Authors:F. Kalanzi , C. Mwanja1, H. Agaba, R. T. Guuroh
Abstract:Bamboo is one of the most valuable Non-Timber Forest Products in the world. However, despite documented uses of bamboo the extent to which it contributes to improved household income in Uganda is quite unclear. This study was conducted in south western Uganda in areas adjacent to bamboorich Echuya forest reserve to ascertain the nature of products processed from bamboo and their contribution to household income. Households involved in bamboo harvesting were selected using systematic random sampling by proportional allocation using a sampling frame that was generated with the help of local leaders and Nature Uganda field staff. Atotal of 114 bamboo harvesters were selected and interviewed using a semi-structured questionnaire. Group discussions, field observations and market surveys were also used to supplement the data collected through individual interviews. Data collected were analysed using descriptive statistics while income calculation was based on gross margins. The results indicate that 87% of the respondents obtained bamboo from the forest. The main products from bamboo were baskets, beehives, winnowing trays, stakes, poles and firewood. Generally, men dominated the bamboo activities. The average total income obtained from the sale of bamboo products in south western Uganda was UGX 125,902 with a gross margin of 51.6%. Our study reveals that there is a wide range of bamboo products developed based on local knowledge. Such products offer additional income to local people. We recommend interventions that can build on the local expertise in product design to enhance the quality of these products and generate more market opportunities to local communities.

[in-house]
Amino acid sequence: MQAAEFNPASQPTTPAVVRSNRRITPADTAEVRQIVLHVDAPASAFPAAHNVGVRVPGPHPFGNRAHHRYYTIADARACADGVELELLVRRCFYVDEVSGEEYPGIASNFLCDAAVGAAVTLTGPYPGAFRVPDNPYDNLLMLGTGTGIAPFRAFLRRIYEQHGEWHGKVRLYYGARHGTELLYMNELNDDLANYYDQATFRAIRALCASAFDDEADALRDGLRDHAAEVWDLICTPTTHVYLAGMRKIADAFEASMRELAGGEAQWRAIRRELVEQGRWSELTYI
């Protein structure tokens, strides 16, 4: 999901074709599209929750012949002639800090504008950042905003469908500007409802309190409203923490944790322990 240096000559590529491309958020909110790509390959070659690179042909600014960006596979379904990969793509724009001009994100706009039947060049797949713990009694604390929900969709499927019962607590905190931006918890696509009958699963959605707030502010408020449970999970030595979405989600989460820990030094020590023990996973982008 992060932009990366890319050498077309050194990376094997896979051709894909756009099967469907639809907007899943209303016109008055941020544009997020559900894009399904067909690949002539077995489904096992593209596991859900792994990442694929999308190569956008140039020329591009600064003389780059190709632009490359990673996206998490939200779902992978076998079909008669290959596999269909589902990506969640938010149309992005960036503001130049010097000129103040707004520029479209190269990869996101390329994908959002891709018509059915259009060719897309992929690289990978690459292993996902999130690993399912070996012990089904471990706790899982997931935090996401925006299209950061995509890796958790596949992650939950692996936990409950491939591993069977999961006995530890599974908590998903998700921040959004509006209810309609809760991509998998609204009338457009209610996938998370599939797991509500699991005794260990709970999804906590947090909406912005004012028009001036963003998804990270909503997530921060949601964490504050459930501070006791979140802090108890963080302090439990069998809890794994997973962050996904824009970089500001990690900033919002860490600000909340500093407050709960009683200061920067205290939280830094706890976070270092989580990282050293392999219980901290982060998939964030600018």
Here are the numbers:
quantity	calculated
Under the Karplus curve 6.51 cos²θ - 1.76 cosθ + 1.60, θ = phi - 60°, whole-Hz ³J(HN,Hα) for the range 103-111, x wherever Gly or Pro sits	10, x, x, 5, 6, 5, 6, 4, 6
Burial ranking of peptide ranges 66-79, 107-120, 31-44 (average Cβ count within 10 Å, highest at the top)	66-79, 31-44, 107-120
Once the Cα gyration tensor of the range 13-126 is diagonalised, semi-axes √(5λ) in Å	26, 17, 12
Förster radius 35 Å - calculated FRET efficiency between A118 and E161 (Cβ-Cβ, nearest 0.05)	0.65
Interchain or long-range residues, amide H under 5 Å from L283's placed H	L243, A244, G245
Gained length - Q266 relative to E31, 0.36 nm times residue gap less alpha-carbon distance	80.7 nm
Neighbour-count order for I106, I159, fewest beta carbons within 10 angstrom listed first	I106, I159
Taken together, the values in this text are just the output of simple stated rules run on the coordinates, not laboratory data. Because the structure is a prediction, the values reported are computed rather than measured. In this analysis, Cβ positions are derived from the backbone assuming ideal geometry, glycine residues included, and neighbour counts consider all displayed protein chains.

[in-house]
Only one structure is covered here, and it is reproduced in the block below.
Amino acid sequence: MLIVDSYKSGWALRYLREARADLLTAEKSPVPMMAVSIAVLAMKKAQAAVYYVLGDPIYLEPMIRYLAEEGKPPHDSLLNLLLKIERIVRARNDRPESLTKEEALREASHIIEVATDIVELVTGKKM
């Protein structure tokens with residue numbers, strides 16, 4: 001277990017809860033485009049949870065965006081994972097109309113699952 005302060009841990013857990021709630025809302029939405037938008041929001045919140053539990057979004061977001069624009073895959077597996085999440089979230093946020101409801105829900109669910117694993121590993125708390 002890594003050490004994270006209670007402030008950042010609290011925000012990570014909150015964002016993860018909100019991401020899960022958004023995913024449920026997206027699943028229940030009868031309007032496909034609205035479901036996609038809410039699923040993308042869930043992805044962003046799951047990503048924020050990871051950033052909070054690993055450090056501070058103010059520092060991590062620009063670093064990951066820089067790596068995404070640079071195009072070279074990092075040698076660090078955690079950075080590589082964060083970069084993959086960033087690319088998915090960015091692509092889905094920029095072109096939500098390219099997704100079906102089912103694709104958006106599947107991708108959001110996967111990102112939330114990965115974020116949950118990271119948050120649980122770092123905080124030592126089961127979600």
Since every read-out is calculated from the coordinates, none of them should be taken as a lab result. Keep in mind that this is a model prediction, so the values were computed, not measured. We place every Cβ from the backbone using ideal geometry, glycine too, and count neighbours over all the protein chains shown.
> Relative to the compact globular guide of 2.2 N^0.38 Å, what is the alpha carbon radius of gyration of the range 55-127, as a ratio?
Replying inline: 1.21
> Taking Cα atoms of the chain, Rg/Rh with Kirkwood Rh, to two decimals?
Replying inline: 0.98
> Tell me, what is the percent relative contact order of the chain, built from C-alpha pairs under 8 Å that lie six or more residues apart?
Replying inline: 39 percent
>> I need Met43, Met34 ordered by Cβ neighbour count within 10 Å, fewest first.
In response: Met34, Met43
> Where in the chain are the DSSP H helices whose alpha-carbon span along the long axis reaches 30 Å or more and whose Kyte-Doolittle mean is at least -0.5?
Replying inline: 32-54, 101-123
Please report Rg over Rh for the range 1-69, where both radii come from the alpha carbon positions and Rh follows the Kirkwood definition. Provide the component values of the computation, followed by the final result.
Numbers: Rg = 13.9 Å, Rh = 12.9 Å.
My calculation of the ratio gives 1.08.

Keywords:Bamboo products, Socio-economic, Echuya Forest, Livelihoods